Mark told you earlier that Wikipedia is going black for 24 hours beginning at midnight tonight. While Wikipedia’s reason for shutting down is to protest anti-piracy legislation making its way through the United States Congress, another interesting question is going to be what happens to all those web surfers seeking answers to can’t-wait questions?
The Washington Post’s Style Blog has a novel suggestion: Go to a library.
But in the spirit of the Web, NPR, The Washington Post and The Guardian are teaming up to provide a touch of reference muscle to try to answer questions — the kinds that settle a bet or quiet a curiosity — usually answered by Wikipedia.
“While we’re not in the Wikipedia business, this is an experimental, one-day Band-Aid to help out readers during the protest of proposed Internet rules by Wikipedia, Reddit,Boing Boing and several other online organizations,” the Post explains.
And here’s how Mark Stencel, NPR’s managing editor for digital news, described the endeavor:
“Wikipedia is among the web’s most-referenced sites. It’s often among the first things that shows up in just about any search result. So we started thinking about what a day without Wikipedia would mean, practically speaking, for a typical person. The #altwiki tag seemed like a fun way to track that.”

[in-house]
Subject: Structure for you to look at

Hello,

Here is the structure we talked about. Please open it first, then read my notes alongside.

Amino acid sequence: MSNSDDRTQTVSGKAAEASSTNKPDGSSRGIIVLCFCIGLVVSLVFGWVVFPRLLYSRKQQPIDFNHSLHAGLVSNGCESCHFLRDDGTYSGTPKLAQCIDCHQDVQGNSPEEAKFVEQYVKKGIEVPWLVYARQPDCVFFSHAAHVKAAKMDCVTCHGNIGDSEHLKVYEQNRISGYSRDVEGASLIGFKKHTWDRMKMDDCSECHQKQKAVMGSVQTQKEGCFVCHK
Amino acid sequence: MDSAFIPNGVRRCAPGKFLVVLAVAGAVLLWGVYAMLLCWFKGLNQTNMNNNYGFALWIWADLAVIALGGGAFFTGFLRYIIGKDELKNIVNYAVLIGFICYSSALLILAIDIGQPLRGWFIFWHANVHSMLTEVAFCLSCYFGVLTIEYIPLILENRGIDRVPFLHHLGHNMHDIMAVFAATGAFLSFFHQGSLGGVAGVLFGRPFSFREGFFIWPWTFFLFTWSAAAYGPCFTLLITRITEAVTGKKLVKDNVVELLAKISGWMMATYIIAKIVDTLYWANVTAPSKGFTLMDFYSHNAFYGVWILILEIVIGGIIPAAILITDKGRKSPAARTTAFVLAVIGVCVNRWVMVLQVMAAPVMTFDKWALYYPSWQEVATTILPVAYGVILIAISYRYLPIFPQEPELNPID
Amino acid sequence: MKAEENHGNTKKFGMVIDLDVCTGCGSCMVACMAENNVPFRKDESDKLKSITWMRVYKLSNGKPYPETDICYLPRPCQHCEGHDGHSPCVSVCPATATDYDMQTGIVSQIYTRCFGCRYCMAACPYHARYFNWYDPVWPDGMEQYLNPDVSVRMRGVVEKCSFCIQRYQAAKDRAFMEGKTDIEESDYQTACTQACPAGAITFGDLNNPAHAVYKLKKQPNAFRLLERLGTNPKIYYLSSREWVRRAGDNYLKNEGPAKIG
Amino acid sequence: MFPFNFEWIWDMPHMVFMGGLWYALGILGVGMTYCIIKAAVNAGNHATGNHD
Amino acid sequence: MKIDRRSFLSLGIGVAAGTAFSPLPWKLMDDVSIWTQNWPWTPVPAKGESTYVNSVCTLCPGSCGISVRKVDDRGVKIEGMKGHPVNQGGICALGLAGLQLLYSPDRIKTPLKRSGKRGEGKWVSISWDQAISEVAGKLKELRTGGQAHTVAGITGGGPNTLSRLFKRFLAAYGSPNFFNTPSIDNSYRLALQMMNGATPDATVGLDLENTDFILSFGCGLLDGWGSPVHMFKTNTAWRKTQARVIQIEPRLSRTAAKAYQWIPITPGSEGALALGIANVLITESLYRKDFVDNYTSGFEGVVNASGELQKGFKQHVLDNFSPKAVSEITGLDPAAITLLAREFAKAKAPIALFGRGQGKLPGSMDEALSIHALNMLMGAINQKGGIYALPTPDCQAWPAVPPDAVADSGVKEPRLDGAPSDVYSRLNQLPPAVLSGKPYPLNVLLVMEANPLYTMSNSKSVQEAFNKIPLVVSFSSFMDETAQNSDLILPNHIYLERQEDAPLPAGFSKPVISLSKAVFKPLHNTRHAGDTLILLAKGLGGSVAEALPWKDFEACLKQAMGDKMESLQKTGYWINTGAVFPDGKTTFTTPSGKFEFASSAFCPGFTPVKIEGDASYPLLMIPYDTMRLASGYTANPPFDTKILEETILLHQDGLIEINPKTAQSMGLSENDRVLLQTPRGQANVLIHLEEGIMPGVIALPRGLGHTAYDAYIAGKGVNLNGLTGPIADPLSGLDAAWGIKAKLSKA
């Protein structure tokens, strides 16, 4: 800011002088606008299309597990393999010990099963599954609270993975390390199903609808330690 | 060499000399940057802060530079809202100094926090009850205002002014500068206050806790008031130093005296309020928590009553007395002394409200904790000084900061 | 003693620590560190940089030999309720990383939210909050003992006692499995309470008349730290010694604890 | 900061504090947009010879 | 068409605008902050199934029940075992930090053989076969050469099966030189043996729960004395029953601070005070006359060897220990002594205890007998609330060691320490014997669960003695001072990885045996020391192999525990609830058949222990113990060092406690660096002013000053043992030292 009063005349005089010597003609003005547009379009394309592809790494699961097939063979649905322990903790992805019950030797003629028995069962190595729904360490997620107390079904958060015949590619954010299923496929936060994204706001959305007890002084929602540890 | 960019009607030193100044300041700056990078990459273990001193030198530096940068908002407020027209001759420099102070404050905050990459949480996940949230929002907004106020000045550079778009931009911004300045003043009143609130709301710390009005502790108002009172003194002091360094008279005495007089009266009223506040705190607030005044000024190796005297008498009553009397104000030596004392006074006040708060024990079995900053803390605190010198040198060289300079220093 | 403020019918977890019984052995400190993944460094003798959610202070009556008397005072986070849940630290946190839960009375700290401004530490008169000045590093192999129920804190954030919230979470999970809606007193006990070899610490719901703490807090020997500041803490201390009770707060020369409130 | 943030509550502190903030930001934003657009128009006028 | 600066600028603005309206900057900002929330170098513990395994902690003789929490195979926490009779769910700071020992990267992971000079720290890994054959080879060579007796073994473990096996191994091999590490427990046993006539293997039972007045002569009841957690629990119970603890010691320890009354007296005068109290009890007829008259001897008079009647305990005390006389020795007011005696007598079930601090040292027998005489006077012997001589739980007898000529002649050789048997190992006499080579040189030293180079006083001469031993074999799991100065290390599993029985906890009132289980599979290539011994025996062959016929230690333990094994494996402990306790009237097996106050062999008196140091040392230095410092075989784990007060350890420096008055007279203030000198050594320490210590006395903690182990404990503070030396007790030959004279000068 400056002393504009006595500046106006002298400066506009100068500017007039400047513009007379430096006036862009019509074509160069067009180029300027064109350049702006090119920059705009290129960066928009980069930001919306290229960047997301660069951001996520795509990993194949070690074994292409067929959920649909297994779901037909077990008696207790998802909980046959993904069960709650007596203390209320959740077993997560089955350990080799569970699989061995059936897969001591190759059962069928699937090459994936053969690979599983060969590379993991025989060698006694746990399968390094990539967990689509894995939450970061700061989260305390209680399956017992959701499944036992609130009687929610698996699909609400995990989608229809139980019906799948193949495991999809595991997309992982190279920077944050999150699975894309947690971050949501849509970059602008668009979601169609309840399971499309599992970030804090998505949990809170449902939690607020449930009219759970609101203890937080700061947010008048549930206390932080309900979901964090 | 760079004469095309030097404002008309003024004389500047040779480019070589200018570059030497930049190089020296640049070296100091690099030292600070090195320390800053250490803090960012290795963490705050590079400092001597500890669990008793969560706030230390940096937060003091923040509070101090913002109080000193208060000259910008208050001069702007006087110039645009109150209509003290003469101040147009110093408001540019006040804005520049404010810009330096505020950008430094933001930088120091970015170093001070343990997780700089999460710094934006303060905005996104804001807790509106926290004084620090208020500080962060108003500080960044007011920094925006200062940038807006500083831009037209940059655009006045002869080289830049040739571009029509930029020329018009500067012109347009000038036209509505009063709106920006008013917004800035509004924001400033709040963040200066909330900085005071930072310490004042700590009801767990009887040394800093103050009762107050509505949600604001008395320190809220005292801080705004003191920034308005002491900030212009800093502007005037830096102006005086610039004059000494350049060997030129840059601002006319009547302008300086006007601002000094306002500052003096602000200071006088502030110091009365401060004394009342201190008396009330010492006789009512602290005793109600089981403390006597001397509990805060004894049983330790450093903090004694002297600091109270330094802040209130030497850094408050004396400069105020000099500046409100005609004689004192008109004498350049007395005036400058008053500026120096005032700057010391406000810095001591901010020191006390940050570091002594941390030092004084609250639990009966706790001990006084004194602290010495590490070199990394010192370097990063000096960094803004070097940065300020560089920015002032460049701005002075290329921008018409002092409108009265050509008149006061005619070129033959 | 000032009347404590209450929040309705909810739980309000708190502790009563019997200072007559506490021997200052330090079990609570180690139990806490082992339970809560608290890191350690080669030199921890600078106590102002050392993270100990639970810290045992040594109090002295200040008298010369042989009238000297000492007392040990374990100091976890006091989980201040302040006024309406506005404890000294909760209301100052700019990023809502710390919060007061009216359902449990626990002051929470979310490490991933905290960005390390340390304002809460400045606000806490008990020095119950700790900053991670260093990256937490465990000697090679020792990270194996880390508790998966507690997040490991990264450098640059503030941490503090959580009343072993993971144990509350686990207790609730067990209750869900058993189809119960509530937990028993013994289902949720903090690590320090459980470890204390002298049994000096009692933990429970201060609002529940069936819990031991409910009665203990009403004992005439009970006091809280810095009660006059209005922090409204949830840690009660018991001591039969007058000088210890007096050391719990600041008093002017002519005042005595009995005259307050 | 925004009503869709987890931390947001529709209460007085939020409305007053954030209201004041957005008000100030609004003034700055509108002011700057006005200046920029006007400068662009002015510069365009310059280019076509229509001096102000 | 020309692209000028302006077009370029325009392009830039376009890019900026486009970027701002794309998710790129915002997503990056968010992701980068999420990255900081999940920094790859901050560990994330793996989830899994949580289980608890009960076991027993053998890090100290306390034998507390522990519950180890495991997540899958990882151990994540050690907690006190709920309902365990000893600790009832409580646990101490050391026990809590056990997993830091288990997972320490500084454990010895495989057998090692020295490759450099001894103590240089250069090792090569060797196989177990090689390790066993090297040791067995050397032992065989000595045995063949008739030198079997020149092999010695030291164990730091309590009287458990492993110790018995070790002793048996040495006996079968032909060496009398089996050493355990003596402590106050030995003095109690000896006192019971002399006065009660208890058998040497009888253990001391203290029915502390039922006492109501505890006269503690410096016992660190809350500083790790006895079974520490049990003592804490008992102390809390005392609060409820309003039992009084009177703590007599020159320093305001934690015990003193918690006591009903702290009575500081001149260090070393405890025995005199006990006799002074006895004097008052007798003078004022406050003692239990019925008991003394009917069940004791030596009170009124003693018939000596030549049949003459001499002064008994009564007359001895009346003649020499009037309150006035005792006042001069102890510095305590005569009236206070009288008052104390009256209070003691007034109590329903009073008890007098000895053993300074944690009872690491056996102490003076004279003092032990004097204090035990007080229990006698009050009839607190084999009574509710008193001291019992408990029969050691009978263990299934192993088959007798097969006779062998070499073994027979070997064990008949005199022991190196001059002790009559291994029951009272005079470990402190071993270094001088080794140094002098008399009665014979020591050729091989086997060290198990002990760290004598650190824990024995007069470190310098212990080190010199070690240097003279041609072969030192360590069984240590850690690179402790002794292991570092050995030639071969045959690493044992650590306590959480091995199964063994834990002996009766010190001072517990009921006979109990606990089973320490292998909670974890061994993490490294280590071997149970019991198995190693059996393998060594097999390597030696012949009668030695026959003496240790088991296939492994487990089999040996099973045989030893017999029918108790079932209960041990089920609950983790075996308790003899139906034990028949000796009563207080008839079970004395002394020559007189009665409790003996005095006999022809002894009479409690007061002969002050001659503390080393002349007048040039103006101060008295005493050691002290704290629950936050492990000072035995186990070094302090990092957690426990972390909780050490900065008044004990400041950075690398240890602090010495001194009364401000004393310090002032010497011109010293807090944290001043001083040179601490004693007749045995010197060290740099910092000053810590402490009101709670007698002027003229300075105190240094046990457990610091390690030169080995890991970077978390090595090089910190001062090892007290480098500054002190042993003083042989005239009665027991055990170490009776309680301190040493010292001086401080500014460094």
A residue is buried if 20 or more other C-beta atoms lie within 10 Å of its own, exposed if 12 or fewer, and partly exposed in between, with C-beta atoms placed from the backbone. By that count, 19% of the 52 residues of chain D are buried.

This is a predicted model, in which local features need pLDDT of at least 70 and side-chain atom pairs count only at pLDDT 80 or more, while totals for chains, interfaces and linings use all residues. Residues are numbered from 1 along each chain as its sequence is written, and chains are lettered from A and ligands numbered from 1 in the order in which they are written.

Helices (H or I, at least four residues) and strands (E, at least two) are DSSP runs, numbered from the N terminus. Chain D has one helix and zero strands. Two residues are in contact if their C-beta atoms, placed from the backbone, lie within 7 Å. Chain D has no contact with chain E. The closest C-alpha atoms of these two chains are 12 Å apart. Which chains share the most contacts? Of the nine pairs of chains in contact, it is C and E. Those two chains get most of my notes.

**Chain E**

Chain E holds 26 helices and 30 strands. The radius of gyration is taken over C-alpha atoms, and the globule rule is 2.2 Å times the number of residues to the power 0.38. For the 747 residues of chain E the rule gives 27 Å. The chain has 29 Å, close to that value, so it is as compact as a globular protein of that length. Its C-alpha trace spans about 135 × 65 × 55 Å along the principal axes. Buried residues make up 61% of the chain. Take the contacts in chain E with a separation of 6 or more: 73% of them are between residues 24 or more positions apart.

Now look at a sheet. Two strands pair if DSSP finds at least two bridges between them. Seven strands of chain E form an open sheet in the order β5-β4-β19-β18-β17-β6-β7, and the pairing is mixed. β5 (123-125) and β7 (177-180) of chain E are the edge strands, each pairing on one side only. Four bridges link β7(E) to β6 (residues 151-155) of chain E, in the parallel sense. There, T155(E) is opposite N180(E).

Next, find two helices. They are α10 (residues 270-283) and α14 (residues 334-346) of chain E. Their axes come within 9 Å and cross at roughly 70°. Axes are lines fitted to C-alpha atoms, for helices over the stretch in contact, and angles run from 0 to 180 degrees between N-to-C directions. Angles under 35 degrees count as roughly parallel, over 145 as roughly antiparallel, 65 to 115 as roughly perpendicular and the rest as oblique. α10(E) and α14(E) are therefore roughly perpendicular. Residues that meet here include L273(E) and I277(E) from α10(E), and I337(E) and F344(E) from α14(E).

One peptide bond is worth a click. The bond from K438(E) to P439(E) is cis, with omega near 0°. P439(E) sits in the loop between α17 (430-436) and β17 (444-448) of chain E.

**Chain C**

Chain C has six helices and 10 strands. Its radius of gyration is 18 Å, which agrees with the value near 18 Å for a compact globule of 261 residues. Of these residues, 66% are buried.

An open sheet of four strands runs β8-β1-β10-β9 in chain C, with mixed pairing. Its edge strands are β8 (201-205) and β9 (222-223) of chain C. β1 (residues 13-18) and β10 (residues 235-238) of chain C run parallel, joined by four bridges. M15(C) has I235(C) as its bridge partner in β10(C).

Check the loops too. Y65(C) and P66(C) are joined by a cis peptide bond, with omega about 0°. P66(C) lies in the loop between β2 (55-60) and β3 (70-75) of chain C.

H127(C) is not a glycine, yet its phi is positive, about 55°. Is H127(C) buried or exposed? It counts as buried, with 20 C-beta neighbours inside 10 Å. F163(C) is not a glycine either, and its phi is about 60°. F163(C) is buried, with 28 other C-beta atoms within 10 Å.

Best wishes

So how will this work? All of you are invited to tweet questions with the hashtag #altwiki and the public or someone from the Post, NPR or Guardian will get back at you with an answer.
JoElla Straley, an NPR reference librarian, will be one of those trying to answer questions as @NPRaltwiki on Twitter.
We spoke to the Post’s David Beard and questioned whether something like this would work, especially considering that it will be lacking Wikipedia’s self-correcting environment, which has made it so useful.
Beard said this was a “one day thing,” a “Band-Aid” that doesn’t aim to replace Wikipedia.
We’ll circle back tomorrow to see what questions were asked and answered and see if along the way we learn something about what Wikipedia means to people.